A Phantom Union
Two tribes of the Capital city’s original music scene are getting booked at premium venues
By Christie MathernePosted Feb 9, 2011
There are two sides to every coin, and sometimes, one side is way more shiny and awesome than the other. In the last issue of Dig, we presented the struggle of new rock bands trying to get booked in Baton Rouge. We found that inexperience on-stage was a major reason why booking was such a struggle. Like any industry, a musician must first prove that he or she can be successful, and accessible, before anyone gives him or her a shot.
Only a few hours after press time, comments from indignant musicians and fans flooded the new Dig website. The majority of the rebuttals came from two distinct points of origin: Phantom Party Records and the Baton Rouge Organization of Original Musicians. They let us know that they’ve been unionizing, and that it’s working.
Cohen Hartman is a familiar name in the city. When Hartman’s band (Cohen and the Ghost) split up several years ago, he took inspiration from Connor Oberst’s Omaha-based record label, Saddle Creek, and started up a similar grassroots venture in Baton Rouge. The resulting project, Phantom Party Records, has been successfully booking new bands at major venues in Baton Rouge, signing the likes of Prom Date, The Widowers, Monsters Will, and Royal Teeth, among others.
“We were definitely influenced by Saddle Creek,” Hartman said of Oberst’s label. “This little label in this little town, in the middle of nowhere, that had no other competition, and all of a sudden it rose up and did its thing.”
Phantom Party bands sound like all sorts of things. There’s no criteria or genre. The only requirement, it seems, is that a band has a clear vision of what they want to do, and they must be willing to help each other.
“I was going to shows, and seeing all these guys…and it was almost like a community already,” said Matthew Sigur, the Public Relations man of Phantom Party, and part of the Bone Machine. “You play a show with a band, and you see them a month later and they’re all buddy-buddy, but no one was trying to help each other. No one would post anything about going to each others’ shows, stuff like that. And I just felt like, well why not?”
The community mentality proved more persuasive to venues than a shiny new PA in the hands of a 15- year-old Fender-owner. They’ve made a point of gathering musicians, who have years of combined stage experience, and creating a communal pot of knowledge they share with the bands on their label.
Similarly, the Baton Rouge Organization of Original Musicians, or BROOM, has only been around since September of 2010, but some of the bands on their roster have been bumping around town for a hot minute. Think Gris Gris, State Street Survivors, Erin Miley, and Broken Rubber Band, to name just a few (the latter are the founders of BROOM). While the organization isn’t a record label, they offer their members a free agent and a home-built recording studio run by The Dizzy Records.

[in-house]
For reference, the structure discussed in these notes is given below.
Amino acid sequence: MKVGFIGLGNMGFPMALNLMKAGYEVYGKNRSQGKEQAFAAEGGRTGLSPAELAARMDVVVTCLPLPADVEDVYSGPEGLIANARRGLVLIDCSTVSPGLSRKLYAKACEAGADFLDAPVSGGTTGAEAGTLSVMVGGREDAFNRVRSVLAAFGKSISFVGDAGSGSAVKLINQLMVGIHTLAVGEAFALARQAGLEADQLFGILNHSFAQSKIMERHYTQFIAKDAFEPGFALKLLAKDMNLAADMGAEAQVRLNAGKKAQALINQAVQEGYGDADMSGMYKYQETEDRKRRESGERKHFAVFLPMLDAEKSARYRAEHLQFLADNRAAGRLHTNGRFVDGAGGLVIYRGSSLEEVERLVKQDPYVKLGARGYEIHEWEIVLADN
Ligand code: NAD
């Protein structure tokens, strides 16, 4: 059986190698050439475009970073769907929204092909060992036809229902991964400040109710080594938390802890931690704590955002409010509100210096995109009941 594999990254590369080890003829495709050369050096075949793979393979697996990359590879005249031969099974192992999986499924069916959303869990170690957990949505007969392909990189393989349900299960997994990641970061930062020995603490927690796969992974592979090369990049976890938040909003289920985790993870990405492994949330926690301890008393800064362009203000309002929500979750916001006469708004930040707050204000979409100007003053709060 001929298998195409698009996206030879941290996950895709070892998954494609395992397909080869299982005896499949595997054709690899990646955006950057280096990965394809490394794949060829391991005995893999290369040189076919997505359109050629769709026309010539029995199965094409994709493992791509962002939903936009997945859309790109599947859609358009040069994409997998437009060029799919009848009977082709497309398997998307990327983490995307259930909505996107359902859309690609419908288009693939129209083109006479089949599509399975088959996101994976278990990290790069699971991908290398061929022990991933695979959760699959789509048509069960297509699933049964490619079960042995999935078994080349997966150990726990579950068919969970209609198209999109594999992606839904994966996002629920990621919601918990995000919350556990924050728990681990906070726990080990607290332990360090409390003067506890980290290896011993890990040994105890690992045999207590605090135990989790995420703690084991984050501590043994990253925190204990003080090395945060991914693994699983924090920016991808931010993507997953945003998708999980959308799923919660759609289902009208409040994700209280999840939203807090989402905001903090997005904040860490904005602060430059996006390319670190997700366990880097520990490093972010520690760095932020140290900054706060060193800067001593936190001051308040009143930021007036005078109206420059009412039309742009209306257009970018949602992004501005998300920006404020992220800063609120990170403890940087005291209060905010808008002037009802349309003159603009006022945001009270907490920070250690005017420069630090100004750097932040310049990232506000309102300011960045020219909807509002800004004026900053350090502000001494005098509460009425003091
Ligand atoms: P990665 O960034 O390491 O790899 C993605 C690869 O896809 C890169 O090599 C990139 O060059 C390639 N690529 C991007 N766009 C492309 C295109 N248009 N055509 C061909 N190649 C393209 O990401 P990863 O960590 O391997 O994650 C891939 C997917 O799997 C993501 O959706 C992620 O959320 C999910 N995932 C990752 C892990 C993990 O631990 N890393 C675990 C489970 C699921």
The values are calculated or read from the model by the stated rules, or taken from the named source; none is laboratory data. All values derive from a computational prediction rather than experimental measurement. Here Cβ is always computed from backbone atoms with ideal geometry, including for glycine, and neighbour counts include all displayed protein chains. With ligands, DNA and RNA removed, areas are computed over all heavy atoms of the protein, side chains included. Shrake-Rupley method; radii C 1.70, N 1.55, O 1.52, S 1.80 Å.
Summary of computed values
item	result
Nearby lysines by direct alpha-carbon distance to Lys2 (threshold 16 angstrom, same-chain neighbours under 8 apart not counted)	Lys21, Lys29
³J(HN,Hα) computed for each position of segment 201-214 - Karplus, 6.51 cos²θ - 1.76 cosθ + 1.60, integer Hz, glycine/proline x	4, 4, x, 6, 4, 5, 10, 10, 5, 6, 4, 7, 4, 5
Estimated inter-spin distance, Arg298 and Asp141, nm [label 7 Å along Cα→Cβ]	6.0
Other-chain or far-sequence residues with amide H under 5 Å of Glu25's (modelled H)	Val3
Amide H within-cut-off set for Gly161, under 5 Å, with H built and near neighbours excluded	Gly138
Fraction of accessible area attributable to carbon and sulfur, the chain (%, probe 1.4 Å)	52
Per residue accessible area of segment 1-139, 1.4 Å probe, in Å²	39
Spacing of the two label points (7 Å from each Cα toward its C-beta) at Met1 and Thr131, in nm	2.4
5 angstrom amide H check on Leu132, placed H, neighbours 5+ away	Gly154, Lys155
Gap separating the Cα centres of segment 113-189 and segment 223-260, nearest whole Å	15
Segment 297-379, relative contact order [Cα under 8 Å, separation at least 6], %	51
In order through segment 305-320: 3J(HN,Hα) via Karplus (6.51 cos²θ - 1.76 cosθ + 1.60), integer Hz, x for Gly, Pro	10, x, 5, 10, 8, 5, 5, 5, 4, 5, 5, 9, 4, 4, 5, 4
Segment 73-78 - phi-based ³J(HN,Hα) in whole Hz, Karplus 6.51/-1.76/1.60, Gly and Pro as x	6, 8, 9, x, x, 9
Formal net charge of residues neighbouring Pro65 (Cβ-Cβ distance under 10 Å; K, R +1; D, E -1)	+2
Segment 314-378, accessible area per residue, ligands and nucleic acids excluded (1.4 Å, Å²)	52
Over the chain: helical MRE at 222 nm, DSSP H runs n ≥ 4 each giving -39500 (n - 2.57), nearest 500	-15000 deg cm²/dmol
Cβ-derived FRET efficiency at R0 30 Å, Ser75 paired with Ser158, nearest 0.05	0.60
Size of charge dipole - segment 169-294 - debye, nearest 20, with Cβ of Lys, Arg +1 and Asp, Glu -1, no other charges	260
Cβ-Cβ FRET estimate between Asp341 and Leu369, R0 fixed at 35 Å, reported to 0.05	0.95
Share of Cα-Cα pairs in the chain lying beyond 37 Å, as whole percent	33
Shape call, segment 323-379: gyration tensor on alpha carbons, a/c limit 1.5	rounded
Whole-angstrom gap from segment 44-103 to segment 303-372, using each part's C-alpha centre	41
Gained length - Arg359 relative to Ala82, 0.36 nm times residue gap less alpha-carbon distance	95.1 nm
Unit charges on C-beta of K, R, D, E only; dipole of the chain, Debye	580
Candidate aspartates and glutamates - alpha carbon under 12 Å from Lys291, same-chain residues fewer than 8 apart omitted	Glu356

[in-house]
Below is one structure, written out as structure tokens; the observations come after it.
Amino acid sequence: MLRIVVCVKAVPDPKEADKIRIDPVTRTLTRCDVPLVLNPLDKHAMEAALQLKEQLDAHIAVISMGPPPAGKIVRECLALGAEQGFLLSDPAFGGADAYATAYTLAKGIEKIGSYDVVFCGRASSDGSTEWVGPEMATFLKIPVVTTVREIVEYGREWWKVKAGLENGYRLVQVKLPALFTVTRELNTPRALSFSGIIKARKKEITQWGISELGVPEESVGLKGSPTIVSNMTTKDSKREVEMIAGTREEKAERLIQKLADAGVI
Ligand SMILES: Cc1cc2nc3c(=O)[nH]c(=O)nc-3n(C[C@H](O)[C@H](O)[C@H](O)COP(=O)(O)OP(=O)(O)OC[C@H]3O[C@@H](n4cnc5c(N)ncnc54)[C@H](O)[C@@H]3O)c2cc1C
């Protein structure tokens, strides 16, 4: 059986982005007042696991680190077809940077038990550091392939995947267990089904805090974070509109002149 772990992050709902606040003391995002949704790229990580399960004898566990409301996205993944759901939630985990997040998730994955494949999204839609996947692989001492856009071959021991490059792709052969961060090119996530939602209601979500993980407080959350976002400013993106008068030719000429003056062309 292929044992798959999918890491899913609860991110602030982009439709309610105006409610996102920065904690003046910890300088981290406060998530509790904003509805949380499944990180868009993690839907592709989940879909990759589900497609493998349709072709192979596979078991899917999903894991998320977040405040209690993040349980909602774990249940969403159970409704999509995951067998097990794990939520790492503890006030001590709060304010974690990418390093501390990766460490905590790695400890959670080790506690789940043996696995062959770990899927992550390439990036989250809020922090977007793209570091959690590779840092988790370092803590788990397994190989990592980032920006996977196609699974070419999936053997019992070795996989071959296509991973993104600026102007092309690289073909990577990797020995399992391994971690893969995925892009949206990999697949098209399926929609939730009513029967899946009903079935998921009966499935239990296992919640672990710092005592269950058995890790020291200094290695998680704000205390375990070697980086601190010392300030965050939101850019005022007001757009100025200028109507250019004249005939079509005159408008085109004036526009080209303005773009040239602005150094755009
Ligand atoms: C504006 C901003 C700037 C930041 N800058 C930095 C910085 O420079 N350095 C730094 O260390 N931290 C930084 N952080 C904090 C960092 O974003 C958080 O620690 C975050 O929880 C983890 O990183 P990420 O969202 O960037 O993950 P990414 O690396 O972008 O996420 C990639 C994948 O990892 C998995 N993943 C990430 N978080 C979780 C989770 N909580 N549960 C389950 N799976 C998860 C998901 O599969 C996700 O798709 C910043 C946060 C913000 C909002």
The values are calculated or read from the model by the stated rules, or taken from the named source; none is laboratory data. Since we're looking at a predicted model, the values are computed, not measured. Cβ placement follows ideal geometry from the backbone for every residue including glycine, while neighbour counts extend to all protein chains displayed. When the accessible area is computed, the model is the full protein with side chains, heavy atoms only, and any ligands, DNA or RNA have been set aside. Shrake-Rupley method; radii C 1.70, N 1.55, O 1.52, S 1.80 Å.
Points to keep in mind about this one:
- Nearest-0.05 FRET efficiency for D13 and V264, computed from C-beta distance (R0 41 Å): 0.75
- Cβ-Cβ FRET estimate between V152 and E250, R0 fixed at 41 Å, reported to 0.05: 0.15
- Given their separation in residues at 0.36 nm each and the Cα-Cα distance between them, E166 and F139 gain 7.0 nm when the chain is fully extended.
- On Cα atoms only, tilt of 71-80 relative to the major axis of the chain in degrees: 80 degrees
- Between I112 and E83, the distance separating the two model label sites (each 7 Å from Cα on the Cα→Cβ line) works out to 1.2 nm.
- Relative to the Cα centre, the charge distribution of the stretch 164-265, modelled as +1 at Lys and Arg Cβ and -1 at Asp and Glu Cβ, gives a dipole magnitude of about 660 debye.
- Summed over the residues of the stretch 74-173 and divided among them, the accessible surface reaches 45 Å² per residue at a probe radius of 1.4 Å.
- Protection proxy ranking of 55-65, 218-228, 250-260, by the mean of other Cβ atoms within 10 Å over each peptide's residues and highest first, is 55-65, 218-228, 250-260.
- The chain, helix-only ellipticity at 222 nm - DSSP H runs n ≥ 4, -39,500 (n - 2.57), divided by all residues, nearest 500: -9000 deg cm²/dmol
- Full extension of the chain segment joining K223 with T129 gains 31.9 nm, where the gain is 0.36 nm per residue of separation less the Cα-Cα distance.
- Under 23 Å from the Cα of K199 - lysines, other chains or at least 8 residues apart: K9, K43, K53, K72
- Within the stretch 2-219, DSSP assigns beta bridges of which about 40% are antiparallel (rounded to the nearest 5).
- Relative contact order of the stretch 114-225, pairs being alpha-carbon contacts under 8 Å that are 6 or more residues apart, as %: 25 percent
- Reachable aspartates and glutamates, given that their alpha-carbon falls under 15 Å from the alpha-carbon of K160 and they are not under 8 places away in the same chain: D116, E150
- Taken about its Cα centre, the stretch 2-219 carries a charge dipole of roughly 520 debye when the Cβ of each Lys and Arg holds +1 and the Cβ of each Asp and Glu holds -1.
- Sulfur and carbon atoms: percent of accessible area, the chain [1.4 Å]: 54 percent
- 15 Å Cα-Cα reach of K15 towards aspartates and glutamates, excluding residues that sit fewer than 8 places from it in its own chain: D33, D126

They’ve even managed to book an all-local show at the Varsity on February 17, after being organized for only five months.
BROOM developed because “the majority of venues in Baton Rouge only hire cover bands, leaving little to no way for original musicians to share their music with the community,” wrote Randall Head, founder of the organization, in an e-mail. “Playing the Varsity was a goal we set for ourselves when we started this organization, but we had no idea it would happen this fast.”
Another successful idea behind both Phantom Party and BROOM is the “crowd-trade.” The reason bands started going on tour together in the first place was the exposure to potential new fans. Within the Phantom Party community, the more experienced bands book those less-so as openers for their own shows, and all of a sudden, there’s a packed venue.
“The crowd is gonna be feeding off these bands they’ve never seen,” said Chris DiBenedetto of the band Gris-Gris and member of BROOM.
The Phantom Party bands are booking shows at tricky venues, too: the Varsity has booked a Phantom Party Compilation Release Show in March, and two Phantom bands are playing at the Spanish Moon with Sun Hotel on February 12th. And some of the bands haven’t been around for that long – rock outfit Monsters Will is a baby band at one year old, and their first show was at none other than the Spanish Moon.
Hartman started up a new band shortly after disbanding Cohen and the Ghost, and he’s got a good sense for marketing himself: he named his new band Cohen Hartman and the Bone Machine, so that the fans he’d amassed with the Ghost would know it was a Hartman incarnation. That could be one reason the Spanish Moon continually books Phantom Party bands, and why the Varsity has taken them on as a package deal in early March.
“It’s gonna be just The Bone Machine soon, hopefully,” Hartman said. “My friends kinda make fun of me about it. I just didn’t want to lose anyone.”
Your Unionized Local Music Calendar
February 12: Phantom Party bands Monsters Will and Cohen and the Bone Machine, plus Sun Hotel @ the Spanish Moon, 9pm, $7
February 17: Sweep The Floor: A Local Music Showcase with Erin Miley, the Broken Rubber Band, Pushing Pandas, Urbane, Deuces and Gris-Gris @ the Varsity, doors @ 8pm, $10
**March 4: **Phantom Party Records Album Release Party with England in 1819, Cohen and the Bone Machine, Royal Teeth and He Bleeds Fireman @ the Varsity, doors @ 8pm, $10
- The Broken Rubber Band
- Pushing Pandas
- Onion Loaf
- State Street Survivors
- Days Deft
- The Veritas Cycle
Phantom Party Records artists
- He Bleeds Fireman
- Monsters Will
- Royal Teeth
- Gypsy Space Caravan
- Prom Date
- England in 1819
- The Widowers
- Cohen Hartman and the Bone Machine
- Kozmic Nod
- The Have-Nauts